Resources:

  • Reconnecting America released a report of state, regional, and local programs that fund transit-oriented development plans and projects.
  • PolicyLink posted a report on advancing equitable transit-oriented development through community partnerships and public sector leadership.
  • Enterprise, the National Housing Trust, and Reconnecting America present case studies that focus on ways to preserve affordable housing near transit.
  • The National Conference of State Legislatures has a resource on transit-oriented development in the states.

6. Call on municipalities to adopt and implement Complete Streets policies in low-income, high-need communities. Designing transit-friendly streets and safe roadways for all users will make walking and biking safer and more convenient for pedestrians and cyclists. Complete Streets policies promote infrastructure that reduces reliance on cars, resulting in increased engagement in physical activity and a reduction in greenhouse gas emissions. State legislators should encourage the implementation of this policy in high-need communities that have more dangerous street conditions.

Example: The Massachusetts Department of Transportation’s Complete Streets Funding program was created by legislative authorization through a Transportation Bond Bill (2014 MA HB 4046 / Section 9 (Chapter 79)). The program provides technical assistance and construction funding to eligible municipalities that demonstrate a commitment to embedding Complete Streets in policy and practice.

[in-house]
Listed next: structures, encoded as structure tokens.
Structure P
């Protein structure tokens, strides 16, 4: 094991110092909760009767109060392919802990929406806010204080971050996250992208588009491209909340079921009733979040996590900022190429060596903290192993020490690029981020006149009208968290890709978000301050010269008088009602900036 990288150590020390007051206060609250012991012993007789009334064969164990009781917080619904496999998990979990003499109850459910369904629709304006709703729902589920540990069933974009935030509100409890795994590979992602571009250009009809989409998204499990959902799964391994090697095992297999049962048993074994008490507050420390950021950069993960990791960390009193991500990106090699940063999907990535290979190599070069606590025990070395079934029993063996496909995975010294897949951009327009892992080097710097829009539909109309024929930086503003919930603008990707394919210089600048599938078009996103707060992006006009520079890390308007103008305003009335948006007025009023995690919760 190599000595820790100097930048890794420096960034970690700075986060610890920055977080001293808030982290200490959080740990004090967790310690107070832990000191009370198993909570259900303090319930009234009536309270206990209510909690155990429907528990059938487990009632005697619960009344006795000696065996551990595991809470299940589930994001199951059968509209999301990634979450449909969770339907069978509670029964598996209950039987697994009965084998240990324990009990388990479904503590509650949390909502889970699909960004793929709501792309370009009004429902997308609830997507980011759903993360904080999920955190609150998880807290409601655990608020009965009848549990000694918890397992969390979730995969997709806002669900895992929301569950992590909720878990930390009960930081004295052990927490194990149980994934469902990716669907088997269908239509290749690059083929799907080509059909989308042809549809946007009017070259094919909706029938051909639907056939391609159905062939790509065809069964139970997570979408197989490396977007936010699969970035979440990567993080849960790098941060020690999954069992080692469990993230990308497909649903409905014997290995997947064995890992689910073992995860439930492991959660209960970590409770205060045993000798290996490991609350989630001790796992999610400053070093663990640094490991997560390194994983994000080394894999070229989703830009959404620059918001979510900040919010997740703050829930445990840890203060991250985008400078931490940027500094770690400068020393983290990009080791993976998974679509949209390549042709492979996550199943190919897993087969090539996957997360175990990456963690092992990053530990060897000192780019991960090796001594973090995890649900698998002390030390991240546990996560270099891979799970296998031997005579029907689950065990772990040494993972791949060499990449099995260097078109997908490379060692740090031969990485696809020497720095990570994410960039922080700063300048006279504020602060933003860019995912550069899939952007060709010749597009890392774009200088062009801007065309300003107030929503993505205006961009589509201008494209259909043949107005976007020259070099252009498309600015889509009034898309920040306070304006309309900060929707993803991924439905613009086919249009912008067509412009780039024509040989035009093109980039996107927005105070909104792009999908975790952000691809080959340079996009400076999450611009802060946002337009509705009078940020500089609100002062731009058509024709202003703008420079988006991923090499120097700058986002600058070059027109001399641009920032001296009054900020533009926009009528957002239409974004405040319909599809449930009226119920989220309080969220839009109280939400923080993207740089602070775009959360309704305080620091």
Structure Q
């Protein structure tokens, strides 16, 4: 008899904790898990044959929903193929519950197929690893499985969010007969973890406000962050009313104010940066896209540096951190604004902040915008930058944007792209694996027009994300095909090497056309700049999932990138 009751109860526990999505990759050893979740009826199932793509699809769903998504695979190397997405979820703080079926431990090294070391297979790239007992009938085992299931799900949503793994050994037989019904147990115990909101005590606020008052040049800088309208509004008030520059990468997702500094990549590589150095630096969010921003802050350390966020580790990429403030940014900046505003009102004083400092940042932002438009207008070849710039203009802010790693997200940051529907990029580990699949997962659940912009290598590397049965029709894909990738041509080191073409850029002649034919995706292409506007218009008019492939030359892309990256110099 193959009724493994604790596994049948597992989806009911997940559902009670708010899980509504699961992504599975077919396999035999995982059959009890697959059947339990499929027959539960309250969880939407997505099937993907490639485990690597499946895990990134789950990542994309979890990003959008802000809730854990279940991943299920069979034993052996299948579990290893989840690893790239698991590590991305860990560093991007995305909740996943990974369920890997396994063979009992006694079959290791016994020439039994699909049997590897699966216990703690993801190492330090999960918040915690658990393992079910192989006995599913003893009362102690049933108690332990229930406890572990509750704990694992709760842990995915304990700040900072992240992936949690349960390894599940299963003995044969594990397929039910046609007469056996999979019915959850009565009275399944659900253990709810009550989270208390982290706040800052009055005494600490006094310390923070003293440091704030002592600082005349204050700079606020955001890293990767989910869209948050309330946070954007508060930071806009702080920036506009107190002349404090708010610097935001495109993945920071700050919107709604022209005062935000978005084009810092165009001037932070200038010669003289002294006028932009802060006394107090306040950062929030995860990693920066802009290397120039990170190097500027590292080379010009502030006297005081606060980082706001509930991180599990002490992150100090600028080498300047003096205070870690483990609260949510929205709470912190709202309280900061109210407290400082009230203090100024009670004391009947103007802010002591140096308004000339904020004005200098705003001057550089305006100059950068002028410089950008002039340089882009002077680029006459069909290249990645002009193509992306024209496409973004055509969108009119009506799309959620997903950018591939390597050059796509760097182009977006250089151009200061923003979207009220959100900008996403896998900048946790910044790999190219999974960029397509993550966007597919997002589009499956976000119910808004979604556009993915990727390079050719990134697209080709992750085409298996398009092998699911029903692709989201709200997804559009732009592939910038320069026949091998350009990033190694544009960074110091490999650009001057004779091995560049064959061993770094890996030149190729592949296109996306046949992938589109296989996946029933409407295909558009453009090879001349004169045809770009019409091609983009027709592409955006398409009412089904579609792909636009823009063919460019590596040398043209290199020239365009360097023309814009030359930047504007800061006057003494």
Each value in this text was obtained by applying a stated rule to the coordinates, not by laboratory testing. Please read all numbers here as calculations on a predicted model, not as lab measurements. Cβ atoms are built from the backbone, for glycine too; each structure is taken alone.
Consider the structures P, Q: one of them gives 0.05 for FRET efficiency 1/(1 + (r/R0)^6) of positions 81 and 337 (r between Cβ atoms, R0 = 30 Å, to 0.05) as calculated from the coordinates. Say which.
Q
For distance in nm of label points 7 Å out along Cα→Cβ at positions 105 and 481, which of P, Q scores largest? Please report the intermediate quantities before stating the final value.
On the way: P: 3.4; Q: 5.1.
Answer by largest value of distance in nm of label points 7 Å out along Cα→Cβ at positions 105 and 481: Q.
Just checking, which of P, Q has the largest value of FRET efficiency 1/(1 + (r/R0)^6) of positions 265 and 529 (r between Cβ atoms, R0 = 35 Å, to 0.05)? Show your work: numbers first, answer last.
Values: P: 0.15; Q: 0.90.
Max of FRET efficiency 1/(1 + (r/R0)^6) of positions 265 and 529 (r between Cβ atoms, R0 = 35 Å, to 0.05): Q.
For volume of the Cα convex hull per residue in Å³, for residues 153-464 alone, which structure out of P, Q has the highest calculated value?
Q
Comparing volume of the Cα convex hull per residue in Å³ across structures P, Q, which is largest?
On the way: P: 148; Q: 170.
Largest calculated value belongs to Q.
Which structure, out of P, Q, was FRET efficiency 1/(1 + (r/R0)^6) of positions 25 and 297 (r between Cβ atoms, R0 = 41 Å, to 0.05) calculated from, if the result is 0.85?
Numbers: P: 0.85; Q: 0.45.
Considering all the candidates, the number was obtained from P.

Resource: The National Association for City Transportation Officials has an Urban Street Design Guide that serves as a blueprint for designing 21st century streets and that charts the principles and practices for making streets safer and more livable in the United States.

7. Redirect funds and responsibilities away from state police and toward investments in communities. Legacies of discrimination and racism pervade our transportation system and policies. Not only do communities of color have a lack of access to mobility options, but they also suffer disproportionately from police-involved violence initiated by traffic stops. In order to achieve transportation equity and ensure safe streets for all populations, states must address both policies that disadvantage biking and walking and the ongoing racist police enforcement of traffic laws that lead to disproportionate harms for Black and Brown drivers. 

Example: In 2019, the New York legislature passed 2019 NY AB 6449 (Chapter 30), which granted New York City’s Department of Transportation the authority to expand and enhance its school-based speed camera program from 140 locations to 750. When installation is completed, the city will have the largest automated enforcement program in the United States.

Example: In 2020, Berkeley, California, passed a first-in-the-nation plan to create a newly formed Department of Transportation to replace police officers with a group of unarmed employees who will enforce traffic laws. The city is also establishing a community engagement process to develop a new model for policing in Berkeley.

Additional Resources

Man wearing protective mask sits on bus during the day

Urban Sprawl and Highway Expansion

Transit Accessibility

Environmental and Public Health Impacts

Active Transportation and Pedestrian Safety

Effects of Traffic Enforcement

Racial Equity and Transportation